He came out with such an elaborate excuse that I didn’t quite believehim.
- Actuary – a person whose job is to calculate risk for insurance companies and pension funds, especially the age to which people are expected to live. The companies and funds use the results to make certain that they always have enough money to make payments to the people who have a right to them:
Well, in the first place, properly to interpret those proposals would require an actuary, and it takes seven years to become an actuary.
Actuaries and auditors have a statutory duty to report anything that exposes the assets of a pension scheme to risk.
- Deliberation – (careful) a slow careful way of doing something:
Slowly and with deliberation she turned to me and told me to get out.
- Grippe –
Suppose you should wake up tomorrow morning with a sore throat and find yourself laid up for a week with a grippe?
- (Hat)rack – a frame or shelf, often formed of bars, that is used to holdthings:
After a few moments, slowly rises from desks, looks into space, walks over to window, then to hat rack.
a vegetable rack, a plate racka luggage rack
- Vulnerable – able to be easily physically, emotionally, or mentally hurt, influenced, or attacked:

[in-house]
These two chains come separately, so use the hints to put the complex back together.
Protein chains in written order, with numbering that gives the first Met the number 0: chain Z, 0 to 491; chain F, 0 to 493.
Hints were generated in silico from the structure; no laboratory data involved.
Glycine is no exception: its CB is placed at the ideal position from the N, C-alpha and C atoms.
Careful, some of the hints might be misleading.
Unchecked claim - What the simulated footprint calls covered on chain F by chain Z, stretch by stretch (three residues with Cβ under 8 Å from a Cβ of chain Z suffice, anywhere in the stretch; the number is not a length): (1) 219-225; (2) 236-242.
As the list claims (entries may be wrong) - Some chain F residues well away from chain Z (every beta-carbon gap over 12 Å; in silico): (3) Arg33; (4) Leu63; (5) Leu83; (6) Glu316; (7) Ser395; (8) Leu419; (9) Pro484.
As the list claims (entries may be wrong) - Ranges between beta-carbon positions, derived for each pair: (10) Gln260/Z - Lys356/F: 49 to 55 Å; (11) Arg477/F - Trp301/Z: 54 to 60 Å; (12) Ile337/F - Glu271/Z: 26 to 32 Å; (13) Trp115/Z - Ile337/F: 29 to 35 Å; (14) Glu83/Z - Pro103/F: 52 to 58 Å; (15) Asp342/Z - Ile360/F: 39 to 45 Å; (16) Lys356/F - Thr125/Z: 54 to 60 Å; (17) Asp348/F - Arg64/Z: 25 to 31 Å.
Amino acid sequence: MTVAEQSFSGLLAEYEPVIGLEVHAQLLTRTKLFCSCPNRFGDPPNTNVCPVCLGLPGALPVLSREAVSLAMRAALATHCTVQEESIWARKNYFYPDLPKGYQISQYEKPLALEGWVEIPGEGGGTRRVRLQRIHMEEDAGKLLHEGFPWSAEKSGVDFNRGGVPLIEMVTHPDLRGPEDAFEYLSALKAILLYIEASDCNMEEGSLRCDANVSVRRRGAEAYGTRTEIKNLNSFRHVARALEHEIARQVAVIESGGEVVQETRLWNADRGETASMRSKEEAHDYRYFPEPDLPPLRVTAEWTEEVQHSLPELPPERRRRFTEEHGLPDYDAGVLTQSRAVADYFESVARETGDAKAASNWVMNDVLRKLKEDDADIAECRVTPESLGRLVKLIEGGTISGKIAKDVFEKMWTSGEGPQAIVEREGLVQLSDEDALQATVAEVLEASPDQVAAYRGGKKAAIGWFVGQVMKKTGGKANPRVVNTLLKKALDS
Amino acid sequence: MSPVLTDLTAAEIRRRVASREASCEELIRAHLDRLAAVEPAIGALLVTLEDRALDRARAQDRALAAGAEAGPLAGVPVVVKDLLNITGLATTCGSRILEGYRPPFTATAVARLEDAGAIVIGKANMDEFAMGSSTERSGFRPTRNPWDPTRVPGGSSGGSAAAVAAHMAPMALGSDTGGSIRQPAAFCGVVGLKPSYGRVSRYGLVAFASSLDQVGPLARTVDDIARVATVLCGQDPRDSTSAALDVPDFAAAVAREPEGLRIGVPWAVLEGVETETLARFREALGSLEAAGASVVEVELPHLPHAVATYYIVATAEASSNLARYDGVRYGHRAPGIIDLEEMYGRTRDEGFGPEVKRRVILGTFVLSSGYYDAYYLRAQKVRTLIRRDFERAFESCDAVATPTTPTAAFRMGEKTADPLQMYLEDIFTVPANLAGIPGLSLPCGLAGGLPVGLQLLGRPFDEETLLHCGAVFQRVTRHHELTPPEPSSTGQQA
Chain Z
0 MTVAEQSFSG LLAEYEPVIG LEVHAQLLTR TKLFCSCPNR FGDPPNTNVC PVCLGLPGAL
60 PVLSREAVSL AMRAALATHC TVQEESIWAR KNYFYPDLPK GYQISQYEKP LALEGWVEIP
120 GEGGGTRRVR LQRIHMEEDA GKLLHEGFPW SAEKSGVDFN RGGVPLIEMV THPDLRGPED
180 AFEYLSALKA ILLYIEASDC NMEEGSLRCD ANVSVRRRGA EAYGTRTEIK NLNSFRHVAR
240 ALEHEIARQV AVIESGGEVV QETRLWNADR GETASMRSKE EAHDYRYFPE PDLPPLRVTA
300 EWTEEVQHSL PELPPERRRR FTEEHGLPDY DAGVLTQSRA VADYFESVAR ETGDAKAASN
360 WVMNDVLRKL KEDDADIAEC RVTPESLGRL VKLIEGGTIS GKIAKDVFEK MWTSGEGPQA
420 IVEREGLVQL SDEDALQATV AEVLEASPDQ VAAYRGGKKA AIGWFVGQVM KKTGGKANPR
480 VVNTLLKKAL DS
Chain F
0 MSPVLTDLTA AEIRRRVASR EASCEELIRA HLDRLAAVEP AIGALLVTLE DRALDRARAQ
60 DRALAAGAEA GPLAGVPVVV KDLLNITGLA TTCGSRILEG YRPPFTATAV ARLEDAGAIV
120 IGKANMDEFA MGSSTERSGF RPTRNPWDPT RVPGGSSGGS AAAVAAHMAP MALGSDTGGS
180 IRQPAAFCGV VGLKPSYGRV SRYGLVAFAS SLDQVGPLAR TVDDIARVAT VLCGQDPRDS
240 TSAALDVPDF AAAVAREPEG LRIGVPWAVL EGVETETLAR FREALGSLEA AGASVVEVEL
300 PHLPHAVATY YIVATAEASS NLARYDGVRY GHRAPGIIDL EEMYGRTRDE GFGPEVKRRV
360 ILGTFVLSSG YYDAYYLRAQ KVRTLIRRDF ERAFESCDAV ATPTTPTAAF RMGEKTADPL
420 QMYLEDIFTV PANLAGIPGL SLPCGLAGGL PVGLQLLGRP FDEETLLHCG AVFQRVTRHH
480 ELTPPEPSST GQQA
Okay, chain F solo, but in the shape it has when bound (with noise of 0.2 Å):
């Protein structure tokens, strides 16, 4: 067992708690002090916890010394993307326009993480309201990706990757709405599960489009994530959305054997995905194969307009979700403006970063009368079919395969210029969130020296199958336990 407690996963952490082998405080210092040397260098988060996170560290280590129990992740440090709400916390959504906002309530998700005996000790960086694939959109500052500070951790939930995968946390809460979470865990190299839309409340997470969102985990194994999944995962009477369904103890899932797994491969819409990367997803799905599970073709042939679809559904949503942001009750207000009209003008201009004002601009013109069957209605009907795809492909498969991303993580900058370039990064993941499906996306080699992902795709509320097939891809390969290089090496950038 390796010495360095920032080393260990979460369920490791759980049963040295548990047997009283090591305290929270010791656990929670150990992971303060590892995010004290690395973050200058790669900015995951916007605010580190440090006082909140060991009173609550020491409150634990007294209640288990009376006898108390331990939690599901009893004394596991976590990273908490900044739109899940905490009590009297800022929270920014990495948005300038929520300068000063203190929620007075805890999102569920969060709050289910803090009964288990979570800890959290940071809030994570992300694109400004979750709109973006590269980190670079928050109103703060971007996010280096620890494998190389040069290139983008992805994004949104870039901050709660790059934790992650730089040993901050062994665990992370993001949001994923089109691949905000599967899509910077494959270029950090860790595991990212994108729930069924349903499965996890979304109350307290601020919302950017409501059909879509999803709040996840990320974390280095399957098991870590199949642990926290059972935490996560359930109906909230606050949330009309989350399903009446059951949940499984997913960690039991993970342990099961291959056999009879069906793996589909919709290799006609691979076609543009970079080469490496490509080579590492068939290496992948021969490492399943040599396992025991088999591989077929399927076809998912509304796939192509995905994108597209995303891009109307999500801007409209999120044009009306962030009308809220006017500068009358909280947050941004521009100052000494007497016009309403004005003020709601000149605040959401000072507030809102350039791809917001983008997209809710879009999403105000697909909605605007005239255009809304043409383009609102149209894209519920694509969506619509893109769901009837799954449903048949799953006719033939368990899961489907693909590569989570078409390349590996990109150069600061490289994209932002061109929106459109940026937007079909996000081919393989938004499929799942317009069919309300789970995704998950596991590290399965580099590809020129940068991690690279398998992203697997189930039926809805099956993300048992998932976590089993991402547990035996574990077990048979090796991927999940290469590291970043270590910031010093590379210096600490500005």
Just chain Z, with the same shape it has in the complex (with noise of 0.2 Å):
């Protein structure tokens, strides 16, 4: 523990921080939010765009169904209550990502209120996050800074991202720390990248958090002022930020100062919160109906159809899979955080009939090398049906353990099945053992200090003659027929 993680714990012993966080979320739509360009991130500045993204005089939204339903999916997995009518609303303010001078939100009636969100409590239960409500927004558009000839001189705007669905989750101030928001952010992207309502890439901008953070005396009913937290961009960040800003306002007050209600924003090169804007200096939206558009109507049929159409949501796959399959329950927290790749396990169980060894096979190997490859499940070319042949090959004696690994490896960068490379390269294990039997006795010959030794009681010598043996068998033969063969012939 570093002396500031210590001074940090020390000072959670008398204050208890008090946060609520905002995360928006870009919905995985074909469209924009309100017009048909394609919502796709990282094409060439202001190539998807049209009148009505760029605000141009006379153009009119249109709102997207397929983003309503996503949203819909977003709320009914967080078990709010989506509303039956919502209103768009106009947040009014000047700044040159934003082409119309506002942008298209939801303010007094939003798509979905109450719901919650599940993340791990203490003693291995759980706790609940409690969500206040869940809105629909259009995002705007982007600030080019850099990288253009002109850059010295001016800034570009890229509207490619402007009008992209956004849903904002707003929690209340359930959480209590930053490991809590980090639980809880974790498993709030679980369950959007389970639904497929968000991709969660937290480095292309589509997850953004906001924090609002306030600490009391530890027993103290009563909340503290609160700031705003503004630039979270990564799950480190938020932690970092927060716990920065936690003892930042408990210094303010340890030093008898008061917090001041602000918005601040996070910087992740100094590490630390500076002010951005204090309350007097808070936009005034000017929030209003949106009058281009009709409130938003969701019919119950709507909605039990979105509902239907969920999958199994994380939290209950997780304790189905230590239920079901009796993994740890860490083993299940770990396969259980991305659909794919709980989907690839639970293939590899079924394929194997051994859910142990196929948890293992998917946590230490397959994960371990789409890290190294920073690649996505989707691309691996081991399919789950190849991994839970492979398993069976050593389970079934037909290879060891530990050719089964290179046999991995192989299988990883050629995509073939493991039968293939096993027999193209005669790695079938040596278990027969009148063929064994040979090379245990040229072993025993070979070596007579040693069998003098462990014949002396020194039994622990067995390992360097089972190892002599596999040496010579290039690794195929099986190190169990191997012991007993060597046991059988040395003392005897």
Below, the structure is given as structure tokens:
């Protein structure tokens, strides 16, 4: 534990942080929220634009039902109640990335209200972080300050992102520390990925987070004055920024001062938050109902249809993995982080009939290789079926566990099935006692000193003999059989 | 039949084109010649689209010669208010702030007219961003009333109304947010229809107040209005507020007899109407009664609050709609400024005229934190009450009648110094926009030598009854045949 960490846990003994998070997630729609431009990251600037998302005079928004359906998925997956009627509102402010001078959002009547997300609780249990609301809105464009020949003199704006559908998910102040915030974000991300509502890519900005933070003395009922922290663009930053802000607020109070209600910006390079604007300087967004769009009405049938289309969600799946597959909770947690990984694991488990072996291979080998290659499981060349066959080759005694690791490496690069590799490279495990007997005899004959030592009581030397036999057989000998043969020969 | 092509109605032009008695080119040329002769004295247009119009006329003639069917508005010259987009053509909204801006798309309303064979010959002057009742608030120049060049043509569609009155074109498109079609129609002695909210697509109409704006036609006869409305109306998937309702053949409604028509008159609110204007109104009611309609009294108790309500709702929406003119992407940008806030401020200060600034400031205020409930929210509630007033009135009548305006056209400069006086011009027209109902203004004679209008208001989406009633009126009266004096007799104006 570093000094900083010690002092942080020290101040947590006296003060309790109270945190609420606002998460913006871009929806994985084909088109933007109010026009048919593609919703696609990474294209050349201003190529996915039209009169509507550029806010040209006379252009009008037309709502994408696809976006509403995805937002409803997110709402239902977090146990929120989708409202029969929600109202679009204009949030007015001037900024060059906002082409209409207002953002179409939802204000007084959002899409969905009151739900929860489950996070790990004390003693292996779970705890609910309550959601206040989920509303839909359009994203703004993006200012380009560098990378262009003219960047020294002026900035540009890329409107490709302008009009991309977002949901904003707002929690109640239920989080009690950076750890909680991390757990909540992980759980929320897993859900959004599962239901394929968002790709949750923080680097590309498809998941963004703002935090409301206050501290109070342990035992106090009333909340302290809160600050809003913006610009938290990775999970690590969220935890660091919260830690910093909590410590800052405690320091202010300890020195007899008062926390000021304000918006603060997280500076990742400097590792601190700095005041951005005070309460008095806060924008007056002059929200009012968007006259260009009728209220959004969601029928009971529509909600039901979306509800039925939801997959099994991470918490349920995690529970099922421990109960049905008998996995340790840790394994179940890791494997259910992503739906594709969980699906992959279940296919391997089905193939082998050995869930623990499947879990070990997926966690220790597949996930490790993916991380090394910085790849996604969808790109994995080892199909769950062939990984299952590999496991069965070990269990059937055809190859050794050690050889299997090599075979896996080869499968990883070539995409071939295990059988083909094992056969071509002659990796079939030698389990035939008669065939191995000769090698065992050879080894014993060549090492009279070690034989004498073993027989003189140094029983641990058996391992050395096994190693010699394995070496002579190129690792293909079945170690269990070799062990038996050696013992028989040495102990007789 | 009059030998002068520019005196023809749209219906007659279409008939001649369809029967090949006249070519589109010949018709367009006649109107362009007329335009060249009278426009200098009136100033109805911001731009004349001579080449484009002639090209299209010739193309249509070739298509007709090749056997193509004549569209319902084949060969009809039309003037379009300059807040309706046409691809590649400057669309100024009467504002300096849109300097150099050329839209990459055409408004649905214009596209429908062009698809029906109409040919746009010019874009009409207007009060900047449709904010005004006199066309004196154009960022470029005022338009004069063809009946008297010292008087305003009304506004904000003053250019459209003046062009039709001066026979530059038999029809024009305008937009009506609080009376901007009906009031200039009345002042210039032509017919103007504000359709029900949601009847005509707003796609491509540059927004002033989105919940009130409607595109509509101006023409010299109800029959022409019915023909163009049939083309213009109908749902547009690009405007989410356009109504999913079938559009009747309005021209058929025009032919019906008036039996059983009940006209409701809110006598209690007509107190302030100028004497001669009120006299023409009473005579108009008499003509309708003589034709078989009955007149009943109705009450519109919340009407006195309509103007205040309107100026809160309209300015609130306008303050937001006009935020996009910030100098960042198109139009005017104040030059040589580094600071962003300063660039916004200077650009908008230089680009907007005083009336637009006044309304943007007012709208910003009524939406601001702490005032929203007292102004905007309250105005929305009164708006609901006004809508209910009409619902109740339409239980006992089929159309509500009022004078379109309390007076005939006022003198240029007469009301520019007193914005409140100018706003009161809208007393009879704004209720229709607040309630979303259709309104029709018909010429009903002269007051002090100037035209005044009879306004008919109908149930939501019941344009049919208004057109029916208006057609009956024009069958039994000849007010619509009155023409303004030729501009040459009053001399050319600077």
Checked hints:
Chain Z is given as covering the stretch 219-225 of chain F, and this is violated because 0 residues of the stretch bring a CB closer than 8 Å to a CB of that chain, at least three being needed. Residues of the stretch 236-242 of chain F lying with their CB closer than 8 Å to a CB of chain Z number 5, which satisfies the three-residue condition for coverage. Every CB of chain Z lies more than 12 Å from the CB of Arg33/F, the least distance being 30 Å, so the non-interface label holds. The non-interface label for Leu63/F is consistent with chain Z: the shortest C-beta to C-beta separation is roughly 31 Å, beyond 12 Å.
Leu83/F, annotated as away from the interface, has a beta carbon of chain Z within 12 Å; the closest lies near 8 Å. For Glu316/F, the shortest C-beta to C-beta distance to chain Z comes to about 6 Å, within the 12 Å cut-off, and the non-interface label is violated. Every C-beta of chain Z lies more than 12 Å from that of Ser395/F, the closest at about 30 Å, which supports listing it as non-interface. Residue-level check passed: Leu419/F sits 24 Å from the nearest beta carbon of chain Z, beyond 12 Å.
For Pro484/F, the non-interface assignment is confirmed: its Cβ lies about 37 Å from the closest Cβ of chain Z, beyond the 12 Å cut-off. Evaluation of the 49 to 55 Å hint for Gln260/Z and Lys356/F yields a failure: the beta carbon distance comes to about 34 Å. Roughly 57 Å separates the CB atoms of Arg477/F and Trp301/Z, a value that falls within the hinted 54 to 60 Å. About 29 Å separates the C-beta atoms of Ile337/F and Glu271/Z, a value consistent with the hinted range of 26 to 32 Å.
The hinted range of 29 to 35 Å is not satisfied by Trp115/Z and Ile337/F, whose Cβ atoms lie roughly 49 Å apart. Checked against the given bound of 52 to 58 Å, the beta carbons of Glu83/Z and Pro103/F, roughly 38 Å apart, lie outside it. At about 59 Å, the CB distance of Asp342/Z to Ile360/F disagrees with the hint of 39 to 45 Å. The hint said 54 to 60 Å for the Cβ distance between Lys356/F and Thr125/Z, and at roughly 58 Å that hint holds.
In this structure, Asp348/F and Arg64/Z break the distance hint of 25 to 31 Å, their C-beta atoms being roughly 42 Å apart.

What is the most vulnerable point?
I felt very vulnerable, standing there without any clothes on.It is on economic policy that the government is most vulnerable.
Tourists are more vulnerable to attack, because they do not knowwhich areas of the city to avoid.
- Grin – to smile a wide smile:
He grinned at me from the doorway.
What are you grinning about?
a wide smile:
I assumed things had gone well for him because he had a big grin on his face.a broad/sheepish grin, with a grin
- Obscure – to make something difficult to discover and understand:
Never try to cover too many points; don’t obscure the main issue.
Managers deliberately obscured the real situation from federalinvestigators.